The Land Down Under is doing its part to shore up its marine engineering community, with the Australian government recently announcing the upcoming development of a new maritime college that will pump out the next generation of shipbuilders.
The Marine Technical College, which will be headquartered in Adelaide, aims to identify and train professionals to apply their talents to the marine industry in general, and shipbuilding in particular, the Government of Australia announced. This comes on the heels of the Department of Defense's investment of $90 billion toward shipbuilding for Australia's navy.
Christopher Pyne, Australia's defense minister, indicated that the fruits of the Maritime Technical College will do great things both for the manufacturing industry – at home and abroad – as well as for the country's economy.
"The government is ensuring long-term, secure employment for future naval shipbuilding and sustainment workers which will avoid the peaks and troughs the industry has previously experienced," Pyne explained in an official statement released on March 24.
He added that during the next 10 to 15 years, an additional 5,200 employees will be added to the construction industry via naval shipbuilding, with growth in the supply chain more than doubled.
Steady increase toward shipbuilding investment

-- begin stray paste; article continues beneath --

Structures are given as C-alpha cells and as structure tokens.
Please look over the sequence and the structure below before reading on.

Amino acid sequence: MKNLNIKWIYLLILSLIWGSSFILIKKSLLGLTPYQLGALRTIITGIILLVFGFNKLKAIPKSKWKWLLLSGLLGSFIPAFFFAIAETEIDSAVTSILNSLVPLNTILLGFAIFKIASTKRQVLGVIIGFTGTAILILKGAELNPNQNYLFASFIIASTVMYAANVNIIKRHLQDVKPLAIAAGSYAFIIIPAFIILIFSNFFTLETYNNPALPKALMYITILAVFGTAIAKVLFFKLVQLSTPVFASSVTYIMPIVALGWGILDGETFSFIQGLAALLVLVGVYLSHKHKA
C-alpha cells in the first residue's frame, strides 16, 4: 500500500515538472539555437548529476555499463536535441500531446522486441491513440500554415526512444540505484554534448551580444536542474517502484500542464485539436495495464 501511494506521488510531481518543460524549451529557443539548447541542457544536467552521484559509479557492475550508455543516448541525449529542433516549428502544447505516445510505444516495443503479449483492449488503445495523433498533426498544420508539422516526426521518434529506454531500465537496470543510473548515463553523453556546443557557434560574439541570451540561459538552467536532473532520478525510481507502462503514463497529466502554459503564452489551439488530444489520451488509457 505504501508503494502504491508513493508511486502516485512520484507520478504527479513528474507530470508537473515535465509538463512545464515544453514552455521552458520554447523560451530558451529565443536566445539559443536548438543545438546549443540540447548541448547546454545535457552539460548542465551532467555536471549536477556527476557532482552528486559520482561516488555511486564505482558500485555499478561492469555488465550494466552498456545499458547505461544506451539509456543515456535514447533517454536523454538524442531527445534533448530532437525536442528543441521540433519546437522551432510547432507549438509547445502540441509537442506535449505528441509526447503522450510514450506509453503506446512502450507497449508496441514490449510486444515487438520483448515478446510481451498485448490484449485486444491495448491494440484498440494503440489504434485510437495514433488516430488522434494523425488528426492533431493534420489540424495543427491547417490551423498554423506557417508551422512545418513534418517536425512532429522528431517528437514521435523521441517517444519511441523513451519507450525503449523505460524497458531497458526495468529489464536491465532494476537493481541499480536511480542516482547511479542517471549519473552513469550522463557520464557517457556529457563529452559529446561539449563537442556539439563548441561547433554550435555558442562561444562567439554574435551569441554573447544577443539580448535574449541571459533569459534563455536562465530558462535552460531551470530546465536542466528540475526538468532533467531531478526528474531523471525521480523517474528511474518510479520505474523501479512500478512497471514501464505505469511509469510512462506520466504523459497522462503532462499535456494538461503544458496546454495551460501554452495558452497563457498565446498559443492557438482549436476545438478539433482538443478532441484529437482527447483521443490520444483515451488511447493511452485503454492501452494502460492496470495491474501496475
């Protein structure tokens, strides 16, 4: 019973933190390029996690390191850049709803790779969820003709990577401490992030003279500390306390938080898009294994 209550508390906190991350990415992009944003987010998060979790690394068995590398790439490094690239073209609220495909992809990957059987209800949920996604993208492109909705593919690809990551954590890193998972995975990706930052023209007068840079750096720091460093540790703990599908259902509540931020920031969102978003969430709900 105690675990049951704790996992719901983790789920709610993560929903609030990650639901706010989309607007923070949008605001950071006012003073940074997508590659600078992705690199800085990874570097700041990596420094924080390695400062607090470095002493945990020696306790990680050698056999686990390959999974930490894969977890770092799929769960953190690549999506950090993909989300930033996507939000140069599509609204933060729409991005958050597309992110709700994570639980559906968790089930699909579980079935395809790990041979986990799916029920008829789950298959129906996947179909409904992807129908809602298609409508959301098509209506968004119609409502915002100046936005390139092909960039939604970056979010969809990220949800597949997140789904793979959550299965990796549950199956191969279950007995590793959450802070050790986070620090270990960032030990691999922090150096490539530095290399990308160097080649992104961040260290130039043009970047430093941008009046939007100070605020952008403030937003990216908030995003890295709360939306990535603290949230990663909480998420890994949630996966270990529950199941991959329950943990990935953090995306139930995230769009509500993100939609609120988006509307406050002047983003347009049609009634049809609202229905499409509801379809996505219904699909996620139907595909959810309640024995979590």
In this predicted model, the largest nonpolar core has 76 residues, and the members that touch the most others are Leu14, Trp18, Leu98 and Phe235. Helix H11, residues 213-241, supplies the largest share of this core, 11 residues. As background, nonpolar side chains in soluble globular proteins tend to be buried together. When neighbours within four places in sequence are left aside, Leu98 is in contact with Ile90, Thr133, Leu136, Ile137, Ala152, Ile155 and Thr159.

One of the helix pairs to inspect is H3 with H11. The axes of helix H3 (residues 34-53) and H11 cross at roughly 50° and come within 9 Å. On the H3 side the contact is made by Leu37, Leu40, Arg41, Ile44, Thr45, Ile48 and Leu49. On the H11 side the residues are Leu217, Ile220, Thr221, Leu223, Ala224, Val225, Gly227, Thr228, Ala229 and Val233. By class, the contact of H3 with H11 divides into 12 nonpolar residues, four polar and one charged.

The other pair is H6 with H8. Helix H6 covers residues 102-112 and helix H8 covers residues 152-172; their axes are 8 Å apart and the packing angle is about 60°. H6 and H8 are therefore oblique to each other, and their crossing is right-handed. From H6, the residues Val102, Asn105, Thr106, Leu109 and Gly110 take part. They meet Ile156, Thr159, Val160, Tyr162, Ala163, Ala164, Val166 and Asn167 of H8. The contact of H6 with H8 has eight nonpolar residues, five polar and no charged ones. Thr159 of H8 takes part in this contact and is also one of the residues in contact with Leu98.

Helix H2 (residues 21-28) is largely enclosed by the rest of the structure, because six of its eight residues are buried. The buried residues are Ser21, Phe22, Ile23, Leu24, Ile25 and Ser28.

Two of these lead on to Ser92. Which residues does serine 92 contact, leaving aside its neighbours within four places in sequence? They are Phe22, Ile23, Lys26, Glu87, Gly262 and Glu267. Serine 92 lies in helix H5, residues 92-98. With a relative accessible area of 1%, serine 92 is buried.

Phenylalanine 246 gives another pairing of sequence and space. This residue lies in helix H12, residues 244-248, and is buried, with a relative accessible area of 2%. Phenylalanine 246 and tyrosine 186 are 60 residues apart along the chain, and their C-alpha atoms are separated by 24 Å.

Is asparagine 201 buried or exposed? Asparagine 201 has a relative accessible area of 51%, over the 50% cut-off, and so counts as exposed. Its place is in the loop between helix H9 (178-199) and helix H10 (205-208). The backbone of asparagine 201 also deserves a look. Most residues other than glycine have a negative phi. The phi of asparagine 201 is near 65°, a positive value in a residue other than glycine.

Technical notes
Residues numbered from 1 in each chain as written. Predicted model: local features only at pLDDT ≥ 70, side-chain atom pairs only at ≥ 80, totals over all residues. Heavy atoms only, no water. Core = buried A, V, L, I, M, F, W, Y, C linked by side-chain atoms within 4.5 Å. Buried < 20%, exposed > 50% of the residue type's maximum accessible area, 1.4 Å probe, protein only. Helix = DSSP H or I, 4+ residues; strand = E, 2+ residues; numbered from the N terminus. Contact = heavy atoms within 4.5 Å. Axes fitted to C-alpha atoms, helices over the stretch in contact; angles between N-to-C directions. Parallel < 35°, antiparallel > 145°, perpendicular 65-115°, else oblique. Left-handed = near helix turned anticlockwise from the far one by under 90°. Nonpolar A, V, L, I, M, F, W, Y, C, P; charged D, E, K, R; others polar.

The Australian government, under different administrations, has prioritized the reinforcement of its naval defenses in recent years. In 2015, for instance, the prime and defense ministers jointly announced the country's intention to invest $89 billion in naval shipbuilding through 2035.
"Over the next few decades, the biggest regeneration of the Royal Australian Navy since the Second World War will take place," said then-Defense Minister Kevin Andrews, when the financial commitment was formally announced. "That regeneration will be the centerpiece of the … fully funded and cost assured defense white paper that will be released later this year. This white paper will set out the government's plan for the Australian defense force, as it forges a pathway to meet current and future strategic challenges."
Manufacturers and shipbuilders in Australia have responded favorably to the government's actions – both current and prospective – with the CEO of a major shipbuilding company headquartered in Australia labeling the moves as "transformative."
"[We] look forward to participating in that process for both frigates and offshore patrol vessels," said Andrew Bellamy, Austal CEO. The company works in partnership with both the Australian Navy and U.S. Navy, both of which are growing their naval defenses via ship creation.
Construction to begin in 2018
Simon Birmingham, Australia's minister for education and training, noted that this kind of national endeavor requires the redoubling of efforts in support of training, which the Maritime Technical College will help provide. Specifically, the college will supply students with the skills and tools they need to advance their careers, while at the same time improving Australia's economic competitiveness.
As for when construction of the Maritime Technical College will get underway, the government expects development to commence sometime next year.
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